Canadian dockworkers and their employers remained deadlocked as a strike crippling West Coast trade entered its fifth day, threatening the country’s economy.
Negotiations broke down Monday when the British Columbia Maritime Employers Association walked away from the bargaining table, accusing the International Longshore & Warehouse Union Canada of trying expand its jurisdiction over maintenance activities at ports, said Rob Ashton, president of the union. Talks remained paused Wednesday morning pending discussions with federal mediators, the BCMEA said.
A total of 51 ships were either berthed or at anchor near Vancouver, port data show, including at the Port of Vancouver. Two of seven terminals at Prince Rupert have been affected, the Prince Rupert Port Authority said. Almost 20% of Canada’s traded goods flow through both ports, the country’s first and third largest, representing more than C$800-million worth of cargoes a day, according to BMO Capital Markets Corp.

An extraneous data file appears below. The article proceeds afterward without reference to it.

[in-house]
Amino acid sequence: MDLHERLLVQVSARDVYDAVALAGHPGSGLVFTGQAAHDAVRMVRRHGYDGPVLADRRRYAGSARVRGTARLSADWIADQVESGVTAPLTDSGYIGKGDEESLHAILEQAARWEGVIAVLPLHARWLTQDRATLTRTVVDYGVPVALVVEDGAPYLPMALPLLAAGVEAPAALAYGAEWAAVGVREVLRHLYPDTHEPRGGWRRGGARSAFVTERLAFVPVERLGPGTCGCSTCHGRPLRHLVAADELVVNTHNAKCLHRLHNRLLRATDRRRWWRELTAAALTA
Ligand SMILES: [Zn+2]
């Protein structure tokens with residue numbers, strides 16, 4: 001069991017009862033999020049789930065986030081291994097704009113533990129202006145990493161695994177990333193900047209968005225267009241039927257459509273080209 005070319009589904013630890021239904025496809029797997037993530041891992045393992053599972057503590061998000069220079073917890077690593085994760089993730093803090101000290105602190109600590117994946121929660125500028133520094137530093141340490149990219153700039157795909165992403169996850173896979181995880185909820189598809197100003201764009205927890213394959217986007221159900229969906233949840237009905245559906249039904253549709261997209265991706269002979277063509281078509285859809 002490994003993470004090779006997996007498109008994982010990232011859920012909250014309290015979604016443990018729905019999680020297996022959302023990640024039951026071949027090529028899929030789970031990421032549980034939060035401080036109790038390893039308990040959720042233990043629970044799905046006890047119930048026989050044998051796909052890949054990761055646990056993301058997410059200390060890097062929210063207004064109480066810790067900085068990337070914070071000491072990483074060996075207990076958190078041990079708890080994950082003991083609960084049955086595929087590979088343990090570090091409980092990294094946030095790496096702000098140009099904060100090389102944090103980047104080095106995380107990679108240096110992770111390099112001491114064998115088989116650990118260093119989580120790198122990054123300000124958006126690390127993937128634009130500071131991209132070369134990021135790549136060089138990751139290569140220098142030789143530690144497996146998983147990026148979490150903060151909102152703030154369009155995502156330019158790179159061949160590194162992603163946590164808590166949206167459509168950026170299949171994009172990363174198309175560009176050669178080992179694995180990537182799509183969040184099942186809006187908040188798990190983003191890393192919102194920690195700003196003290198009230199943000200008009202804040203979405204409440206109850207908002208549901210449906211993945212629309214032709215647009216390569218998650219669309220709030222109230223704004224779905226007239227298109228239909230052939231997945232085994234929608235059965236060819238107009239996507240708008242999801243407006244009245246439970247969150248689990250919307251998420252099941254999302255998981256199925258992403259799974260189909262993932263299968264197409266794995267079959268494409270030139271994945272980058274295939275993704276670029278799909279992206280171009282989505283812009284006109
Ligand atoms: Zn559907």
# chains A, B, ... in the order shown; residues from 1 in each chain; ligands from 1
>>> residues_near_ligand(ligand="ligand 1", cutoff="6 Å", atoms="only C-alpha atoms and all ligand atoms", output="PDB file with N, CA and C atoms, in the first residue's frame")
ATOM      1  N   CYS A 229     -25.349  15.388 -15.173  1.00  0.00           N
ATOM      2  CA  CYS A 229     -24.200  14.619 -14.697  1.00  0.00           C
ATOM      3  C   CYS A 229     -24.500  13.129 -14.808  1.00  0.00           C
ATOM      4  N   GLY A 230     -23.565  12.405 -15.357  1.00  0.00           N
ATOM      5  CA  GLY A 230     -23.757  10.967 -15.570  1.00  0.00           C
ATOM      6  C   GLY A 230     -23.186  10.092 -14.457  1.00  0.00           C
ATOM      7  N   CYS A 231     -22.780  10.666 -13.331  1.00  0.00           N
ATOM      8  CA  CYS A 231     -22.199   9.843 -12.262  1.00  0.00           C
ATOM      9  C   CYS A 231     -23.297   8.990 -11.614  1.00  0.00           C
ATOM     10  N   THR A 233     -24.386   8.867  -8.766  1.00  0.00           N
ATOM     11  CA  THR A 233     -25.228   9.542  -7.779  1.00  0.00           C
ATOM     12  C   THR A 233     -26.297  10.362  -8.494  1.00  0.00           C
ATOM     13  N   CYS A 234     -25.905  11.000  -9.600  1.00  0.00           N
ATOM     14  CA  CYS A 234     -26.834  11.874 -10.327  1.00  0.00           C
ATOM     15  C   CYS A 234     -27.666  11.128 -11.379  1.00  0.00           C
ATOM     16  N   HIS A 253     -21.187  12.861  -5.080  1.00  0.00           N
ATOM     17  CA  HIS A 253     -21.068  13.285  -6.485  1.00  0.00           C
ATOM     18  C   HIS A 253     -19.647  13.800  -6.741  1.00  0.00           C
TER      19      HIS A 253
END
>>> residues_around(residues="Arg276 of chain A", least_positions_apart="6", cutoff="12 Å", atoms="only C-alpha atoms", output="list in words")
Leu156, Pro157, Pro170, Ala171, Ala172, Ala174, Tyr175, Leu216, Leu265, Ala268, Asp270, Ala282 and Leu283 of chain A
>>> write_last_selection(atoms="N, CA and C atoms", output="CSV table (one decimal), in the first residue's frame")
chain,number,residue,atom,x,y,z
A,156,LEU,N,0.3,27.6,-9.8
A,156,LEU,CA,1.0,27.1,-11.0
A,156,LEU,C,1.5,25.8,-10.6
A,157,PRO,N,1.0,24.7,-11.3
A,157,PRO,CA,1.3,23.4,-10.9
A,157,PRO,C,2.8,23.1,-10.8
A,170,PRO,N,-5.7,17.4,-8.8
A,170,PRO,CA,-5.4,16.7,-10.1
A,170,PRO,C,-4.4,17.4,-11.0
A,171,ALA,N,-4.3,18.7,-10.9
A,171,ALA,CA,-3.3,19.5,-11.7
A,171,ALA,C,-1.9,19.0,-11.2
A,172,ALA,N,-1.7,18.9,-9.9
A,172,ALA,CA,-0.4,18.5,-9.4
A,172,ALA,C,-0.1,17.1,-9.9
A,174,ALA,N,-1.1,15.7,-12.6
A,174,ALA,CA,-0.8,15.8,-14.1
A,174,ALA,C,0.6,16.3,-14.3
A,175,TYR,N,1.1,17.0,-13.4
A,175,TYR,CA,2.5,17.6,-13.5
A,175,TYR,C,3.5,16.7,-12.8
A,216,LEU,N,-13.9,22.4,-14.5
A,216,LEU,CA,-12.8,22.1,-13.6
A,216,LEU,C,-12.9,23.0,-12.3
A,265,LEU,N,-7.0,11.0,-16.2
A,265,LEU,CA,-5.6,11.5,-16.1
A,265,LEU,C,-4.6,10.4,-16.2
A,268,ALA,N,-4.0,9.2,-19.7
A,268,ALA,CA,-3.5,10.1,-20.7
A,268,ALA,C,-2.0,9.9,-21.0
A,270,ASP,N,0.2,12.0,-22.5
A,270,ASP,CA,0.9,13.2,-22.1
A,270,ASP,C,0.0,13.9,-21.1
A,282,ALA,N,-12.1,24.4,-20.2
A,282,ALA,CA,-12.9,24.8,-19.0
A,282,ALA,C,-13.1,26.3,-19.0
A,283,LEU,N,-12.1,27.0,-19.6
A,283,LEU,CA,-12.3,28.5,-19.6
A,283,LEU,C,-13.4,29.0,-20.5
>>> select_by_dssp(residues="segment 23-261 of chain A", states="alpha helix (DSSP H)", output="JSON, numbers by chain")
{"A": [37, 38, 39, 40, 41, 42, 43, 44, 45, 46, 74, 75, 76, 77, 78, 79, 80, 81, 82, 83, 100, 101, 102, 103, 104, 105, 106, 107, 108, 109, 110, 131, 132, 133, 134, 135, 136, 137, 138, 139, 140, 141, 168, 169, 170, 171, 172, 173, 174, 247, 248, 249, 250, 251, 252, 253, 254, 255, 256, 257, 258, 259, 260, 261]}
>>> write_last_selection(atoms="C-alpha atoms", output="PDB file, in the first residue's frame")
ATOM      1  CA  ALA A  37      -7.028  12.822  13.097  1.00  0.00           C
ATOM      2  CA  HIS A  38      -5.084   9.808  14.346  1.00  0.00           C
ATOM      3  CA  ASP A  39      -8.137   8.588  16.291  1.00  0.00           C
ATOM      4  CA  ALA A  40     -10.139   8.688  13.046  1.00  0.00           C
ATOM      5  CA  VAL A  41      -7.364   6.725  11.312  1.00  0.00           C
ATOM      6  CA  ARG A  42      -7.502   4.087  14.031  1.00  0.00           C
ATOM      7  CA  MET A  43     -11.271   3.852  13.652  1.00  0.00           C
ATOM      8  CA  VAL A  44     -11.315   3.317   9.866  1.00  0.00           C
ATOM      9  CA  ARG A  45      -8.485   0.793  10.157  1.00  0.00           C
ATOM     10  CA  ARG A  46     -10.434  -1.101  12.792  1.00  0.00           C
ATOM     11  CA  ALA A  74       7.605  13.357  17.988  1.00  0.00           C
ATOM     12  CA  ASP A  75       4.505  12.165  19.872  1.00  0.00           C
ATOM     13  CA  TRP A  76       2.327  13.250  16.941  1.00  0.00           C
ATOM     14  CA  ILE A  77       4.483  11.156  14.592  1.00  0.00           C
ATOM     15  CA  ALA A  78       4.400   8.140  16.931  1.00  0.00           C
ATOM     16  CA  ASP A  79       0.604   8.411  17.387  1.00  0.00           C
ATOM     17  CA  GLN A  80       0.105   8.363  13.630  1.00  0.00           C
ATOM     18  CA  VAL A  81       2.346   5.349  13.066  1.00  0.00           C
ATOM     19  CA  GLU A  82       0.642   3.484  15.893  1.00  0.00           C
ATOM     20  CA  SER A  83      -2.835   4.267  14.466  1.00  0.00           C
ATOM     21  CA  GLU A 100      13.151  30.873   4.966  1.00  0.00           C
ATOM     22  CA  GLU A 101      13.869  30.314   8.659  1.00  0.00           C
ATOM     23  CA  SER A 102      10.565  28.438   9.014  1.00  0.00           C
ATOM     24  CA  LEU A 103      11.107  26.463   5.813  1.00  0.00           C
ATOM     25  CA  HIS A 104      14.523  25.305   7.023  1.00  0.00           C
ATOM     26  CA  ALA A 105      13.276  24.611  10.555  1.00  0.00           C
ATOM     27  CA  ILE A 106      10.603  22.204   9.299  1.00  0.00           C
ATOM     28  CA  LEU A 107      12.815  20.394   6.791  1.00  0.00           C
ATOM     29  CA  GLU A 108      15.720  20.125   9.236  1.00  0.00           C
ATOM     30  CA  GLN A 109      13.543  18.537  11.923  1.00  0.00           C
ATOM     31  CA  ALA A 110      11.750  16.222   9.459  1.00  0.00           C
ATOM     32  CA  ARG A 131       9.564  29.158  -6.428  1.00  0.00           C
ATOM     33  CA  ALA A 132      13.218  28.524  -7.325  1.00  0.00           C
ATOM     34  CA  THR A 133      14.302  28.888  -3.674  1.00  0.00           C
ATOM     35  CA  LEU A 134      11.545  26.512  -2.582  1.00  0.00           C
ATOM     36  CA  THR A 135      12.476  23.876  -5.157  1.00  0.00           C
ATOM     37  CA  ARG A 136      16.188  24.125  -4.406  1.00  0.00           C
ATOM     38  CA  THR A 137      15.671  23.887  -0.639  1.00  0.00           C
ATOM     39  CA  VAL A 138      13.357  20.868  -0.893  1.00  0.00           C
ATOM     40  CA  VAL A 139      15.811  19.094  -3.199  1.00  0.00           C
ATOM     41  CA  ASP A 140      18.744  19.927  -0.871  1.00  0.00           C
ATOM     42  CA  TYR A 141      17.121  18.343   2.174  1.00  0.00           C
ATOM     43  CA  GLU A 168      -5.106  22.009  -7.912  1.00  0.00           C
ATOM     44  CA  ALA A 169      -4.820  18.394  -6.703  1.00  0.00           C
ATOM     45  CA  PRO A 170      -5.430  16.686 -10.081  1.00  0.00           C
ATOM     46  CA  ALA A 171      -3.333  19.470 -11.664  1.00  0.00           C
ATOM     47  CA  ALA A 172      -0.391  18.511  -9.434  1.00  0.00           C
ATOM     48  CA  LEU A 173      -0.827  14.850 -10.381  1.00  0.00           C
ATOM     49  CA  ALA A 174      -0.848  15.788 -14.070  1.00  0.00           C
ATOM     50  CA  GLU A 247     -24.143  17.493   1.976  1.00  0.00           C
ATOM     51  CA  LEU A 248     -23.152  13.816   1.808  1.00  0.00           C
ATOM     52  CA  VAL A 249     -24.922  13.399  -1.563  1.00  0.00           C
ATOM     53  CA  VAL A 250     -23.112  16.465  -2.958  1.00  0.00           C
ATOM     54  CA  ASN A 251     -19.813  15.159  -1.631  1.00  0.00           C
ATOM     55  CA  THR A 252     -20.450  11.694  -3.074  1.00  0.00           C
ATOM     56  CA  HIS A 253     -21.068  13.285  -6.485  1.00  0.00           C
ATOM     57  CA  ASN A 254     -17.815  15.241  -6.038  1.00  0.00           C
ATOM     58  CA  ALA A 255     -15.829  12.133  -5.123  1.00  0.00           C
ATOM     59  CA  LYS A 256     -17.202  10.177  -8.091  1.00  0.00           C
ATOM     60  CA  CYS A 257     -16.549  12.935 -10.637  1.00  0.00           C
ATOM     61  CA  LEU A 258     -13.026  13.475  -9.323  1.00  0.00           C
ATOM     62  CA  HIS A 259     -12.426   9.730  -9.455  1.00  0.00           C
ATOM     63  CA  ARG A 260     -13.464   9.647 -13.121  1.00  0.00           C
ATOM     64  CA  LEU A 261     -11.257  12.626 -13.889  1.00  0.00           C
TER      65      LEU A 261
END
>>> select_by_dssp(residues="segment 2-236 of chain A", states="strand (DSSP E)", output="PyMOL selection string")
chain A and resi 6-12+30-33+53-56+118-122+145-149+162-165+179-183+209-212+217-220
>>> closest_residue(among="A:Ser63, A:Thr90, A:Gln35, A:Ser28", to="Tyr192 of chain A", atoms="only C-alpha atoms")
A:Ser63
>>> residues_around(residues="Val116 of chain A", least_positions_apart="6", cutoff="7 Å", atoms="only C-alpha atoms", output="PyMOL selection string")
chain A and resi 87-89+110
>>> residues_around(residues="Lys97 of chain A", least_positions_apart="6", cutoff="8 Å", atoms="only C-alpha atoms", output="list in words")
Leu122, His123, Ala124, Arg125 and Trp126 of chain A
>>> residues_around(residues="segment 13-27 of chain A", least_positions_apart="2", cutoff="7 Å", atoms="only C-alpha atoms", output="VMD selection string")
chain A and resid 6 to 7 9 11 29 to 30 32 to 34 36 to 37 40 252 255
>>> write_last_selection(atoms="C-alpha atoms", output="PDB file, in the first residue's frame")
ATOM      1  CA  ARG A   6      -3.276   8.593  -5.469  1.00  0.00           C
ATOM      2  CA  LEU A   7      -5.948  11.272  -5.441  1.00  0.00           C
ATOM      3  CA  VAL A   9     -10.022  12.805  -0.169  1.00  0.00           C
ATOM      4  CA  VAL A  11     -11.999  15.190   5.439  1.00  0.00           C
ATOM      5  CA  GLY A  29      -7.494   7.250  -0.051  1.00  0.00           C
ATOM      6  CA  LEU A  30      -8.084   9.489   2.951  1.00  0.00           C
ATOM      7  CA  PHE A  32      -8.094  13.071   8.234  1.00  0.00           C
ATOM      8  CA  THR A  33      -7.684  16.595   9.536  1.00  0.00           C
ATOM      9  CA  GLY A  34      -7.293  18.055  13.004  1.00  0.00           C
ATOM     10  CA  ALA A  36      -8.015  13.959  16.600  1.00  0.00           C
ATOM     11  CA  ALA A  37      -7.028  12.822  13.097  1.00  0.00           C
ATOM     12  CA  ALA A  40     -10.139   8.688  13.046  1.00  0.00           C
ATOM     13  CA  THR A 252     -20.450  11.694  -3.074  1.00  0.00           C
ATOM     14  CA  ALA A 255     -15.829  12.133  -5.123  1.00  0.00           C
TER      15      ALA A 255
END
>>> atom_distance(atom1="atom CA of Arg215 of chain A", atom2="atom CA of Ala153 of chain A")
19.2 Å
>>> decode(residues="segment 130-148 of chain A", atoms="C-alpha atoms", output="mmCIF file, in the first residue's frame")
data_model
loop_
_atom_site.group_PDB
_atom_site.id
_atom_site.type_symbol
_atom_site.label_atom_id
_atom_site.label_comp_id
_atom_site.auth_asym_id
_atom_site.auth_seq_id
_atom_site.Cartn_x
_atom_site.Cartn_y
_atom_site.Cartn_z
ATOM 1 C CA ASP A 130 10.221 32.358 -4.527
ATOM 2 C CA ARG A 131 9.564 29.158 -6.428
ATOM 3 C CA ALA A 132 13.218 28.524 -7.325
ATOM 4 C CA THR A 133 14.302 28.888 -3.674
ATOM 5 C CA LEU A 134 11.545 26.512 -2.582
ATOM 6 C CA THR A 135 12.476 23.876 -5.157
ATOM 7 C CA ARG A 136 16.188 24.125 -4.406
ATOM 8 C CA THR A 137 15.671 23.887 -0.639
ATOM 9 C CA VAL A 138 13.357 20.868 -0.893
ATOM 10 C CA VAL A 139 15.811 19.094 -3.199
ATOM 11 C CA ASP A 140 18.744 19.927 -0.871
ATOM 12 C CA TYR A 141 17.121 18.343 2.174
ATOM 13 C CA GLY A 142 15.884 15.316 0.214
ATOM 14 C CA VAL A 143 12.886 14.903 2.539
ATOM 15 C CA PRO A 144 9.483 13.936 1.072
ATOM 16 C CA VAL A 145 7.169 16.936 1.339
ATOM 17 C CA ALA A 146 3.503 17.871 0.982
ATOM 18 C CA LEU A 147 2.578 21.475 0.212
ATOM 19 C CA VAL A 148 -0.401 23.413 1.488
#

More than 120 business associations sent a joint letter to Prime Minister Justin Trudeau urging the government to safeguard the supply chain and pass back-to-work legislation. Canadian Pacific Kansas City and Canadian National Railway, the country’s two rail companies, said they reduced movement of rail cars to West Coast ports.
In April C$4.9-billion of goods were exported from British Columbia, including more than C$1-billion of coal, Statistics Canada data show. Imports totaled C$5.8-billion and included gas liquefaction equipment, vehicles, airplane parts and biodiesel. Grain shipments have continued as required by the labor code.